In the published portion of this opinion, we conclude the instructions were sufficient with respect to the natural and probable consequences doctrine as applied to attempted willful, deliberated and premeditated murder. In the nonpublished portion of this opinion, we find no error other than that contained in the abstract of judgment, and we affirm the judgment as modified.

FACTUAL AND PROCEDURAL SUMMARY

Jose Huerta was the manager of A & J Liquor Store on Hill Street in Los Angeles. In addition to selling alcohol and food, the store had a Lotto machine and did a large check cashing business, handling as much as $40,000 a day. On November 8, 2004, Huerta was behind the counter talking with Paul Lee, the store owner, when two or three individuals entered the store and locked the door. Huerta had his back turned when they entered. The first thing he heard was a gunshot being fired near his head, burning the side of his head. He fell to the floor and stayed there. After the shot near his head, he heard a shot that sounded like it came from inside the warehouse at the rear of the store, and two more near him. He also heard one of the cash registers being opened.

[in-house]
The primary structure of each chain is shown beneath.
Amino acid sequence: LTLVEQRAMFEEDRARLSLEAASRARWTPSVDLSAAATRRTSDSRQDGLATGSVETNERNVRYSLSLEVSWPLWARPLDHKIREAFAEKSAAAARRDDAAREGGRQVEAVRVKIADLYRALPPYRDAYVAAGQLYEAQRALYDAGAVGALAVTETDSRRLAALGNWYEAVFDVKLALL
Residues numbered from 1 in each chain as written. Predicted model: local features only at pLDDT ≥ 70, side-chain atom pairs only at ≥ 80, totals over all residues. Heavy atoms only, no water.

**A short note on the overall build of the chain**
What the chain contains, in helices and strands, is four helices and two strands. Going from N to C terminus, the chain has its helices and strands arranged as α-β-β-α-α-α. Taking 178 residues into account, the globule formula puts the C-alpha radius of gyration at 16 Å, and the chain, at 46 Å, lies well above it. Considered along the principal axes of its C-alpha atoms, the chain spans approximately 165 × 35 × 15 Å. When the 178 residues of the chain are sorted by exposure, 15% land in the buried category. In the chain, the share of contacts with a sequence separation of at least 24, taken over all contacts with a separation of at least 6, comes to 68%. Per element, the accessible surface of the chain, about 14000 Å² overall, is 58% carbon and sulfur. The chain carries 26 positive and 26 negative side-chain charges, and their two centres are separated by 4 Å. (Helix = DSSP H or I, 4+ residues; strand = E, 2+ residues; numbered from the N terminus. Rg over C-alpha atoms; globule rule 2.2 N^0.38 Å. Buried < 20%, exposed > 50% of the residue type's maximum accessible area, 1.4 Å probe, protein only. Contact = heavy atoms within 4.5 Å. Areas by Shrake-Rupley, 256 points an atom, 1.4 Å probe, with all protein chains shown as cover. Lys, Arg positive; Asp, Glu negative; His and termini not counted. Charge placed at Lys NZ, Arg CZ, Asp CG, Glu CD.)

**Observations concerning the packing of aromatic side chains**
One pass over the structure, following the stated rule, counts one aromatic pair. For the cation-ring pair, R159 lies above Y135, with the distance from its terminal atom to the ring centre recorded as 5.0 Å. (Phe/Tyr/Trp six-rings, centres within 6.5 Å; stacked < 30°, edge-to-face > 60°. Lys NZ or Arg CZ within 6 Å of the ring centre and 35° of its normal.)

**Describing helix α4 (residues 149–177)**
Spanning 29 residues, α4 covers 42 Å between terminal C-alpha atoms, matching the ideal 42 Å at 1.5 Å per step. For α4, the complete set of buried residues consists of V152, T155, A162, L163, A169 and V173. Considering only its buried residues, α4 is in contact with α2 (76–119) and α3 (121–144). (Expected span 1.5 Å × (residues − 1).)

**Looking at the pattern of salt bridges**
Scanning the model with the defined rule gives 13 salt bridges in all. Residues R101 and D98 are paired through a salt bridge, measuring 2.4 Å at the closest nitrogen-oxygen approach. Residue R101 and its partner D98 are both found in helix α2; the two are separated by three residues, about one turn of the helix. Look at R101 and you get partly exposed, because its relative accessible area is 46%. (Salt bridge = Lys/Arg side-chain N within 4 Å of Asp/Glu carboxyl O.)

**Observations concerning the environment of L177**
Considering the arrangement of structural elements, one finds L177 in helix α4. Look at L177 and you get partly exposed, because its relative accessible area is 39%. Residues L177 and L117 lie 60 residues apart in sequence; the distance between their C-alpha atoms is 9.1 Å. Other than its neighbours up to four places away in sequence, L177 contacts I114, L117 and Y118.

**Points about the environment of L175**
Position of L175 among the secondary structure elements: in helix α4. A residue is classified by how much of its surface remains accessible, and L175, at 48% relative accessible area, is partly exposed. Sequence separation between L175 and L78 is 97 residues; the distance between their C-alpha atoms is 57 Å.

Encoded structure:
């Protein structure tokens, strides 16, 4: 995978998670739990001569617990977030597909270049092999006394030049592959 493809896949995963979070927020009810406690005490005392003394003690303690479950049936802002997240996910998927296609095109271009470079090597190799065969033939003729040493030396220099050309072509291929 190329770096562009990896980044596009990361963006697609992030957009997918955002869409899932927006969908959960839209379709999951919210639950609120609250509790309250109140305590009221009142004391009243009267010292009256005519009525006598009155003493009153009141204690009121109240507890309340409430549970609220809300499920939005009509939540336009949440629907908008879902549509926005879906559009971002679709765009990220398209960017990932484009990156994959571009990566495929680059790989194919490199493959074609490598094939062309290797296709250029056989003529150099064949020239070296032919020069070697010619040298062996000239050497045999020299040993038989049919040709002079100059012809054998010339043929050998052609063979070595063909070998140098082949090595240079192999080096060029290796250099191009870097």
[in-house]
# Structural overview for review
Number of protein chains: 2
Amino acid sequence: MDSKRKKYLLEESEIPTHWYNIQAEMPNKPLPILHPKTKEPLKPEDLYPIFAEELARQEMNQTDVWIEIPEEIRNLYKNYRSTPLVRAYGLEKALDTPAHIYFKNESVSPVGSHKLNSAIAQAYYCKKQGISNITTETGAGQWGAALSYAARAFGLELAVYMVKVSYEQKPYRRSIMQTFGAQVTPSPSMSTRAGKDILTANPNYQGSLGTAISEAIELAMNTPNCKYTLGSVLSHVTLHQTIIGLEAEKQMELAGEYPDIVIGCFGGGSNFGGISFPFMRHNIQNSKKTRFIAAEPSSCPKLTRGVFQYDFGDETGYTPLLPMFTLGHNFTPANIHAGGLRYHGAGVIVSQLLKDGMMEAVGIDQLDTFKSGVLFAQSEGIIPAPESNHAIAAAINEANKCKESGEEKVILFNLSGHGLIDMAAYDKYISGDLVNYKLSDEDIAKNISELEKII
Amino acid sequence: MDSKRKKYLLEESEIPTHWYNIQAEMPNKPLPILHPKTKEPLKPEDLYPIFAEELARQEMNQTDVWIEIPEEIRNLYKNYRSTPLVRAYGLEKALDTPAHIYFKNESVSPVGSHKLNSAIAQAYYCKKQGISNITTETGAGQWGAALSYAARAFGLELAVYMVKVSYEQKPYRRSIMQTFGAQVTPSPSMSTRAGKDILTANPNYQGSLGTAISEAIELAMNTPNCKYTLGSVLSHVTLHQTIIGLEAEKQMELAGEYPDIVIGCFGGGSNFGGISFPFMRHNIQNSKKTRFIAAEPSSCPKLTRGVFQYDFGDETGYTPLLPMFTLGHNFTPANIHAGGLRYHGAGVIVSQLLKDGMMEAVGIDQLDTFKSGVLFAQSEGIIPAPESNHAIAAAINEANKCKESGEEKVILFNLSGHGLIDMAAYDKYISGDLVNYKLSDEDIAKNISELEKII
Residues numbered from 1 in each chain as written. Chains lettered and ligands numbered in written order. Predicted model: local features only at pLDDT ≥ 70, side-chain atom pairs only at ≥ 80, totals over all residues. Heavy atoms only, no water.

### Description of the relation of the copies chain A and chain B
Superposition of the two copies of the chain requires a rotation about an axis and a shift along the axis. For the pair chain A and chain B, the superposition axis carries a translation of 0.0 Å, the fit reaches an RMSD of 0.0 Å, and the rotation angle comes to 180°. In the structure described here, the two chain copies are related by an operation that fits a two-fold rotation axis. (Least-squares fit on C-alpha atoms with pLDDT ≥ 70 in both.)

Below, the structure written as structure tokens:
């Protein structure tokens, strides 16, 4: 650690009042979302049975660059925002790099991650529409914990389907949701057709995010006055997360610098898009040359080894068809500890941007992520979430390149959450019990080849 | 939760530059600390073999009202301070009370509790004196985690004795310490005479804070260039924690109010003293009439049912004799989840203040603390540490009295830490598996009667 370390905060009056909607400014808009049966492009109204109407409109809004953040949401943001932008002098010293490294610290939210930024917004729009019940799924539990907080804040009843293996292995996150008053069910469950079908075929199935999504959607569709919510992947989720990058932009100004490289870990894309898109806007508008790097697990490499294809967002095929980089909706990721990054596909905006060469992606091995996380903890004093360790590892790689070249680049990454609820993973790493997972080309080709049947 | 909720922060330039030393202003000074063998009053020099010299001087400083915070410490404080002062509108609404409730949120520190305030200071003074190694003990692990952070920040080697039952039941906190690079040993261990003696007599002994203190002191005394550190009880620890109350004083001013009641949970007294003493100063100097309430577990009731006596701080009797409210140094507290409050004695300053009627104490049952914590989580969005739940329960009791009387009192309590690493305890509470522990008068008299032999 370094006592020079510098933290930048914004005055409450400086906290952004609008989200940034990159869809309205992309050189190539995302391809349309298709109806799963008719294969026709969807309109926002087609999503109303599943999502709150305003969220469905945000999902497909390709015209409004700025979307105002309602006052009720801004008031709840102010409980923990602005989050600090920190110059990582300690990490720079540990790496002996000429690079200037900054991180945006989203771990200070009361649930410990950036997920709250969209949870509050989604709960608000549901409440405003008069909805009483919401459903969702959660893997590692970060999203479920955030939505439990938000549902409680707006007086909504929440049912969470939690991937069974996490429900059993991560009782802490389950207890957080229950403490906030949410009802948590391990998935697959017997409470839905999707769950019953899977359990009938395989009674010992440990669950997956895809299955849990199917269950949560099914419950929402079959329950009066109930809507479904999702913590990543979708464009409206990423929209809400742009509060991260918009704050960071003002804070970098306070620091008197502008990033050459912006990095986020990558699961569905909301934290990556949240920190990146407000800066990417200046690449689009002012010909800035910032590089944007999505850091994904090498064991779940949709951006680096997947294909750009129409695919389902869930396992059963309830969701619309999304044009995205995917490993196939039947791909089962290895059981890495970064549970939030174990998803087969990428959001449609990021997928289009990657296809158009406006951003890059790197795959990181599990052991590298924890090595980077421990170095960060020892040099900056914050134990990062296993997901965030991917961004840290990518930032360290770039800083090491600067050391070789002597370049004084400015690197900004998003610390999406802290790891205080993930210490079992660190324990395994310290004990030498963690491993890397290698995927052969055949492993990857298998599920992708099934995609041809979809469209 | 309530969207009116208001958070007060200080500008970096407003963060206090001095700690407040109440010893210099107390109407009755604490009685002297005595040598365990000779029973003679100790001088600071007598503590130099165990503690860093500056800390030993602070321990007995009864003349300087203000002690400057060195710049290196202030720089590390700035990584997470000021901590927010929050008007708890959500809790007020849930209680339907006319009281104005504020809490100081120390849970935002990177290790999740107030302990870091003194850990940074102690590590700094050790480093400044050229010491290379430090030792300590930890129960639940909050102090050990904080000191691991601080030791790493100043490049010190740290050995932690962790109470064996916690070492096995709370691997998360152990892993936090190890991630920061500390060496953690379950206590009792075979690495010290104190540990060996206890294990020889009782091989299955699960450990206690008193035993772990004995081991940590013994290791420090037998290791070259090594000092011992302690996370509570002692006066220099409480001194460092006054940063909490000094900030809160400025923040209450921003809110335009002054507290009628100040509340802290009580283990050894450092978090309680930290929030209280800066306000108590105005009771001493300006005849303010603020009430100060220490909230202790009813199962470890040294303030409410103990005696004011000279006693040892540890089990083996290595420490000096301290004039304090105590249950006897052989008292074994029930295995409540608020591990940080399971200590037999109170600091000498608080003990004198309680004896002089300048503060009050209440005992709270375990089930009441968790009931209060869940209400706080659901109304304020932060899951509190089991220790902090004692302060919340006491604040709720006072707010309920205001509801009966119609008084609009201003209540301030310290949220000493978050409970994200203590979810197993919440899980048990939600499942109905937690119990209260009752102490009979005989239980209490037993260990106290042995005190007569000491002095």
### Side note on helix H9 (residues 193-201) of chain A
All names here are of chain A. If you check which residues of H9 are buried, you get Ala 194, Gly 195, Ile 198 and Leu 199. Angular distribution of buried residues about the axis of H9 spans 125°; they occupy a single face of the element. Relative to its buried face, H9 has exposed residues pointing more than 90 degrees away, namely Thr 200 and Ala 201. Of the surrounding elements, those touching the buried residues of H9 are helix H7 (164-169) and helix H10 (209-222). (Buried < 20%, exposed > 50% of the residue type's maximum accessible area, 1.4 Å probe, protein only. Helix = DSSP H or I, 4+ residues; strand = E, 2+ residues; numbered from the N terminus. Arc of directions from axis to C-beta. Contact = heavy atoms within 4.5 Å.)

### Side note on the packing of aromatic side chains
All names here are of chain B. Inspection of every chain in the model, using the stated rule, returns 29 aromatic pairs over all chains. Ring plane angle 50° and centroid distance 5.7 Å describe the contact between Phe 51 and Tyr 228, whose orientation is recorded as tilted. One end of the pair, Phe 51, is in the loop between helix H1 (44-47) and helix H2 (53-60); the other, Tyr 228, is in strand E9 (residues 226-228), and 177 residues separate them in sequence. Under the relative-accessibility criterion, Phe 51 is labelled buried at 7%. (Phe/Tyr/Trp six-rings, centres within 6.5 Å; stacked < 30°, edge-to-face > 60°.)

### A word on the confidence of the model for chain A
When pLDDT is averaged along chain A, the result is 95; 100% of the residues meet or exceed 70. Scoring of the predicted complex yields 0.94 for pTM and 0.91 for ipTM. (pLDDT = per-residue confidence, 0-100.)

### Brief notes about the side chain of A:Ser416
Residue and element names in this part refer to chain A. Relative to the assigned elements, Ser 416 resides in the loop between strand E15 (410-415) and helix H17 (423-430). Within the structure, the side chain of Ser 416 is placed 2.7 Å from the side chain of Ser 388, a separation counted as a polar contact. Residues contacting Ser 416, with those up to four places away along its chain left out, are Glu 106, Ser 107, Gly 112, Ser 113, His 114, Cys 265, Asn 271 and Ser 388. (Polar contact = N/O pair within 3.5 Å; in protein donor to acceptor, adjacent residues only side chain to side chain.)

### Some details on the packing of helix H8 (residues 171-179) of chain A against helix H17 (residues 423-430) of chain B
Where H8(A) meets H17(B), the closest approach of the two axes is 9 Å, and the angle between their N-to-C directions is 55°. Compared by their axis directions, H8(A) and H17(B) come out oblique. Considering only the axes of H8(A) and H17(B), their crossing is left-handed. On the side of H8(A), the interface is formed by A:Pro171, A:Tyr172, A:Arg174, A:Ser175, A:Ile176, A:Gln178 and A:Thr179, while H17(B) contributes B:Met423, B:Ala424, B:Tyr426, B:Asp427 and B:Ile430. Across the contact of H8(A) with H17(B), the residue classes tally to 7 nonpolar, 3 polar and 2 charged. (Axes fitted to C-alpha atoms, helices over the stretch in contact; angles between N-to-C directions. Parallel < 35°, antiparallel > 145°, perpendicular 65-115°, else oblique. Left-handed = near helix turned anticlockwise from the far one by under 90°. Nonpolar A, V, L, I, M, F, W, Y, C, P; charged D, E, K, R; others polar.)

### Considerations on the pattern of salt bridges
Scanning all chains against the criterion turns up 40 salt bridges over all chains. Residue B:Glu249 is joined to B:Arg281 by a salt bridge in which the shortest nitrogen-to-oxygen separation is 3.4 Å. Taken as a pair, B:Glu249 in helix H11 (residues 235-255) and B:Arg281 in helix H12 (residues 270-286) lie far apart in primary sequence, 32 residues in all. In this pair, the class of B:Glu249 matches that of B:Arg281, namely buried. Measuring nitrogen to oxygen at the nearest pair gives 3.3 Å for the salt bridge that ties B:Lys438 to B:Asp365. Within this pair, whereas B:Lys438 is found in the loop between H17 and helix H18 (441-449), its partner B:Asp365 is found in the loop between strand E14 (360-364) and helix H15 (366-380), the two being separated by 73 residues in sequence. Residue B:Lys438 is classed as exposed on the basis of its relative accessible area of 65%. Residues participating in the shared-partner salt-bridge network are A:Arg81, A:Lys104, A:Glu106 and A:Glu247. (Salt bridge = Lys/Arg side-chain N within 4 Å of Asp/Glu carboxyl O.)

One of the intruders said, "Get the telephone, get the cameras, and I'll find you. You already know where." A second person asked, "Where are the cameras?" Huerta lifted his head and answered that the cameras were in back. One of the men demanded his money. Huerta, who had just been paid, removed $525 from his pocket and handed it to the man. Huerta then walked to the office in the back of the store, where the security videos were located. The man followed him, looked around inside the room, then exited the store.